It’s especially sobering to discuss gun violence in the wake of last week’s Supreme Court decision, which struck down a Trump-era ban on bump stocks, modifications that allow semiautomatic weapons to fire at the rate of machine guns and, like any weapon of war, cause massive destruction, and, too often, heart-breaking outcomes. This decision is senseless, and out of step with the country, and makes us less safe. But, as ever, that will not deter me from searching for thoughtful solutions that can protect our communities from the scourge of gun violence. 

Today, as part of my Common Sense Gun Safety Strategy, I’ll be highlighting federal action that I’m taking to combat one of the most insidious threats of gun violence — undetectable firearms — and to secure public venues like the Bogota Savings Bank Center, where we’re standing today. 

I’m especially concerned about the risk of gun violence and terrorism — be it lone wolf attackers, homegrown extremists, or organized groups like ISIS — at our beloved sports venues including those in Jersey: MetLife Stadium, Red Bulls Arena, and the Bogota Savings Bank Center. There were seventy-four terrorist attacks on sports venues across the world between 1970 and 2019. This is especially important with the FIFA World Cup coming to our county and country in just two years, when more than one million people will be coming to the region — roughly half of whom will be non-ticket holders, not to mention the millions who will be at stadiums across the United States.  

As a Member of the House Permanent Select Committee on Intelligence, I’m keenly aware of the threats facing our nation, whether that’s terrorists from abroad or lone wolf extremists at home. It’s only strengthened my resolve to crack down on gun violence and specifically, gun threats like undetectable firearms that play directly into the hands of terrorists and extremists. We cannot let them win.

According to Everytown, New Jersey averages 435 firearm deaths a year. That’s the exact number of people that serve in the U.S. House of Representatives. 1,265 people are wounded in Jersey each year — at shootings in our neighborhoods, at our schools, outside of stadiums, and more. Far too many of our youth have been impacted by gun violence: in fact, guns are tied for the second-leading cause of death among children and teens in New Jersey. It’s a staggering statistic. 

Almost every year that I’ve been in Congress has been marked by a devastating mass shooting — Las Vegas, Parkland, El Paso, Oxford, Uvalde, Lewiston, and I could go on. We’ve had 230 mass shootings so far this year alone.More than 40,000 people across our country died because of gun violence in 2023. Moms. Dads. Sons and daughters. Lives cut short. Families torn apart. That’s why I’ve made it a priority to pass some commonsense solutions in Congress that could put an end to this senseless violence. 

In 2022, after the devastating shooting at Robb Elementary School in Uvalde, Texas, where twenty-one innocent souls lost their lives, I introduced my Common Sense Gun Safety Strategy and Ensure School Safety. I was proudly joined by many of the leaders here today. Major parts of that strategy resulted in the Bipartisan Safer Communities Act, legislation that, as Co-Chair of the bipartisan Problem Solvers Caucus, I was immensely proud to help pass in the House.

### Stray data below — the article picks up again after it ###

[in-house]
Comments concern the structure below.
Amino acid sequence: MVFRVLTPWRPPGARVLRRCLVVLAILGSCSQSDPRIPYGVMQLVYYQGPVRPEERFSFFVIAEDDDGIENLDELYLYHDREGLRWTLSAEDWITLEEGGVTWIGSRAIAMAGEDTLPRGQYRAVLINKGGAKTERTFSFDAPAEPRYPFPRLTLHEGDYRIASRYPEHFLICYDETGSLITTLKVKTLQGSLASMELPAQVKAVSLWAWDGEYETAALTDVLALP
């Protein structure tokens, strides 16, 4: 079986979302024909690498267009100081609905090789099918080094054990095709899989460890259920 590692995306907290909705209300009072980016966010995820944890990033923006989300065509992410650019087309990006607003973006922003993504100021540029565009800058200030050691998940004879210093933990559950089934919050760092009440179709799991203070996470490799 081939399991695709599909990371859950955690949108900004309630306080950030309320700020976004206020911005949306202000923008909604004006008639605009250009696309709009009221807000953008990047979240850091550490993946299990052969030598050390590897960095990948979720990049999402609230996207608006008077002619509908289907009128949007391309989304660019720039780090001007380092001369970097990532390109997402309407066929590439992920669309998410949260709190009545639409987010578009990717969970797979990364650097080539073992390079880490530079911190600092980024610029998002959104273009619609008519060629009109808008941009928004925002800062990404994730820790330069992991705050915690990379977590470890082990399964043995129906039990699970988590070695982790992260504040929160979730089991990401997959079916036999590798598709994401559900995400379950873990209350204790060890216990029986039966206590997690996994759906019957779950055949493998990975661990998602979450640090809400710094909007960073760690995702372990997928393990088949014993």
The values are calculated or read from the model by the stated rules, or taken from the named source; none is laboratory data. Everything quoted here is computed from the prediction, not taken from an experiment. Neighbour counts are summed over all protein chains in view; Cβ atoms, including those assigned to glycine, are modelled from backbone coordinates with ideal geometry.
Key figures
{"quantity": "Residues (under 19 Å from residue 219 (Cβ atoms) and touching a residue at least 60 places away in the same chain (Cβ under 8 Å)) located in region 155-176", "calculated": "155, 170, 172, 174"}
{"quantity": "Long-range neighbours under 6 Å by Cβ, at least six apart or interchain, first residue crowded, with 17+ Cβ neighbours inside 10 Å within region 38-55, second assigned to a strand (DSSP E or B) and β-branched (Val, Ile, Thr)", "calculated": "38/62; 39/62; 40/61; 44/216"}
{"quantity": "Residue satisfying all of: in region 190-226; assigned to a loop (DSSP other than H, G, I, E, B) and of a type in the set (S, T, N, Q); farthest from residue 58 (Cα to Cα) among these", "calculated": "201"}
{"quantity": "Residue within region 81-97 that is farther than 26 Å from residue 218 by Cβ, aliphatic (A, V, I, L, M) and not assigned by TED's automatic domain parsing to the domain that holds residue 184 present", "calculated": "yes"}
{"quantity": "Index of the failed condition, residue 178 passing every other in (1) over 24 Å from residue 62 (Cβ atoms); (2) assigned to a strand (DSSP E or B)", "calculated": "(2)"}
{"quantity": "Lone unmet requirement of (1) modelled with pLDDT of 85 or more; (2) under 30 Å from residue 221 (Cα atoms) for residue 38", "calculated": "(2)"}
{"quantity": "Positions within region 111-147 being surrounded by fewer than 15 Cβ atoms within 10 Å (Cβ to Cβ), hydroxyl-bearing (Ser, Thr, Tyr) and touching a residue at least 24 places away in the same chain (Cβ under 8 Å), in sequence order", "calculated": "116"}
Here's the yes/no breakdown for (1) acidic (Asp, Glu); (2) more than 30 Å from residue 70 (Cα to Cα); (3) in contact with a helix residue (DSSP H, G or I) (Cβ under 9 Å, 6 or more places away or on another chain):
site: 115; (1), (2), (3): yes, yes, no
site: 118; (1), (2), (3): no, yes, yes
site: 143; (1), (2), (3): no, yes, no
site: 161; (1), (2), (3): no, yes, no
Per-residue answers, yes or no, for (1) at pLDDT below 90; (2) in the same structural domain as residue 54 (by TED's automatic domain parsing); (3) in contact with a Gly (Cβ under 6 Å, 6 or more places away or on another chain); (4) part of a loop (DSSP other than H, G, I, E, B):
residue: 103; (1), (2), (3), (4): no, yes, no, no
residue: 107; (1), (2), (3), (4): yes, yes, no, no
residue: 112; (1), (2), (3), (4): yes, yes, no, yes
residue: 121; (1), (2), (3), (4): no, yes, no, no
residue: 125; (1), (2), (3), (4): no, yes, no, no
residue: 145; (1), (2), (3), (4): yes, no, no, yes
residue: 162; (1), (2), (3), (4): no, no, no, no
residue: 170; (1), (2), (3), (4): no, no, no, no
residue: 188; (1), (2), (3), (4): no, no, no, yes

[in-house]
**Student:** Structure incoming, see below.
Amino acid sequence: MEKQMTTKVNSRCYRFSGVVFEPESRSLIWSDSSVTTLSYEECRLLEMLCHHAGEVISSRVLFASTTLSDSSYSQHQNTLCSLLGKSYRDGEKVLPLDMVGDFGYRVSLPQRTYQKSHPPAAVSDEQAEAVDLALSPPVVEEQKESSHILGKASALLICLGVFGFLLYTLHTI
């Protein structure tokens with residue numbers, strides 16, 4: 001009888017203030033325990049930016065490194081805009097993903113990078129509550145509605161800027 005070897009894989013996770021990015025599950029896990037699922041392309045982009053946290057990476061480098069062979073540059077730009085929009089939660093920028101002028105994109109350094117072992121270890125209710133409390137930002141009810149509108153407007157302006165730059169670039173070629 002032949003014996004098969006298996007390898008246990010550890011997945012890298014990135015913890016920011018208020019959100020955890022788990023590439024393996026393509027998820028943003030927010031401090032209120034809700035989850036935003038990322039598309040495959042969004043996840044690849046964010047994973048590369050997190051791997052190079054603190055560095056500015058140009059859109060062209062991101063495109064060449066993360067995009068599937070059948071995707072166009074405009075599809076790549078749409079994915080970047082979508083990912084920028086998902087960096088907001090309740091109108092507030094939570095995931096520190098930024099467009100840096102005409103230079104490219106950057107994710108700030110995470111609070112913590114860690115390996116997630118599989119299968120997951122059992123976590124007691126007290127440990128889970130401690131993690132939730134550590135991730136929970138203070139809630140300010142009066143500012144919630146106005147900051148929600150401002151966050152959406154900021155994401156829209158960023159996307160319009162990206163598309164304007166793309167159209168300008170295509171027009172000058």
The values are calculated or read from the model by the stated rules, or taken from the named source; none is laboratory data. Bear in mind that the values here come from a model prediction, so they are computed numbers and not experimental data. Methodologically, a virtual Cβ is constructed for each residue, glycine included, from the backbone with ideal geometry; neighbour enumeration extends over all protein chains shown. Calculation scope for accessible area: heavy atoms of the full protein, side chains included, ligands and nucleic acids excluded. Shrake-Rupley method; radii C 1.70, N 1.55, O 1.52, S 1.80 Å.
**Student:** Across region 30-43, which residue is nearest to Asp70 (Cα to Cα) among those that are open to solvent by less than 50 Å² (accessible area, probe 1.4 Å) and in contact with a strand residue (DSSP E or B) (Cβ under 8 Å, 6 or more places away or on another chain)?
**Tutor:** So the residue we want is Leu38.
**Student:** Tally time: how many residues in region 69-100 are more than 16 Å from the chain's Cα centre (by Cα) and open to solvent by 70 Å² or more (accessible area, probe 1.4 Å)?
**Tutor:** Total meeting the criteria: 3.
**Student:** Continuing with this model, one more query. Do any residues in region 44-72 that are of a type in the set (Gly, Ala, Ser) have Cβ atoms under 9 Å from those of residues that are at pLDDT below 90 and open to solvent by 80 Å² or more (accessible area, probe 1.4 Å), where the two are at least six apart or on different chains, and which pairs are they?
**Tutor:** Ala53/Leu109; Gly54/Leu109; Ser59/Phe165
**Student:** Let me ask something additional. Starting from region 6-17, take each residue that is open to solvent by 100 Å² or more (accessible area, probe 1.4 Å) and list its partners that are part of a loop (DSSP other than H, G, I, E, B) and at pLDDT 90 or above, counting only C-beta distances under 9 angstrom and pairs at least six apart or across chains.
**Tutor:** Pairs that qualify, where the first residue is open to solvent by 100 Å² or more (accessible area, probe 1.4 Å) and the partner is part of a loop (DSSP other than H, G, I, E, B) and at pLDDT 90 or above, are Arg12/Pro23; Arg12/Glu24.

That law, the greatest expansion of gun safety in three decades, strengthened background checks for juveniles and those with mental health conditions, gave states the resources they need to enforce red flag laws, invested in children and family mental health services, and more. 

Before that, I introduced the bipartisan ALYSSA Act, named for Alyssa Alhadeff, a New Jersey native who tragically lost her life at the Marjory Stoneman Douglas High School shooting in Parkland. The bill, modeled after an identical law in our state, will require schools across the country to install silent panic alarms and get law enforcement to the scene even faster.

In my second term in Congress, after the Parkland shooting, I helped drive bipartisan legislation through the House that strengthened background checks and put a stop to unlicensed gun sales. But, with all the progress we’ve made, there’s still plenty of unfinished business and, as a result, far too many lives cut short every day. 

We are still fighting to ban assault weapons, expand background checks, and close the Charleston loophole – something I’ve actually been working on since I served in the Clinton White House during the Columbine tragedy two-and-a-half decades ago. As a member of the Gun Violence Prevention Task Force in the House, I will continue working every day until we get it done. 

Over the years, I’ve also learned that the threat of gun violence is ever evolving. Technology keeps advancing, building deadlier, more dangerous weapons that are easier to obtain. And, criminals are getting more sophisticated at circumventing the gun laws we have on the books. We’re seeing these dynamics play out right in front of our eyes with undetectable firearms.

To keep it simple, undetectable firearms are guns that wouldn’t set off a metal detector or scanner. They either don’t have enough metal to raise alarms or they’re designed to slip through imaging. Some of these can literally be made in a 3D printer. We’ve also seen a massive spike in the use of “ghost guns” — guns manufactured illegally without serial numbers, which are sometimes made out of or modified with undetectable plastic parts.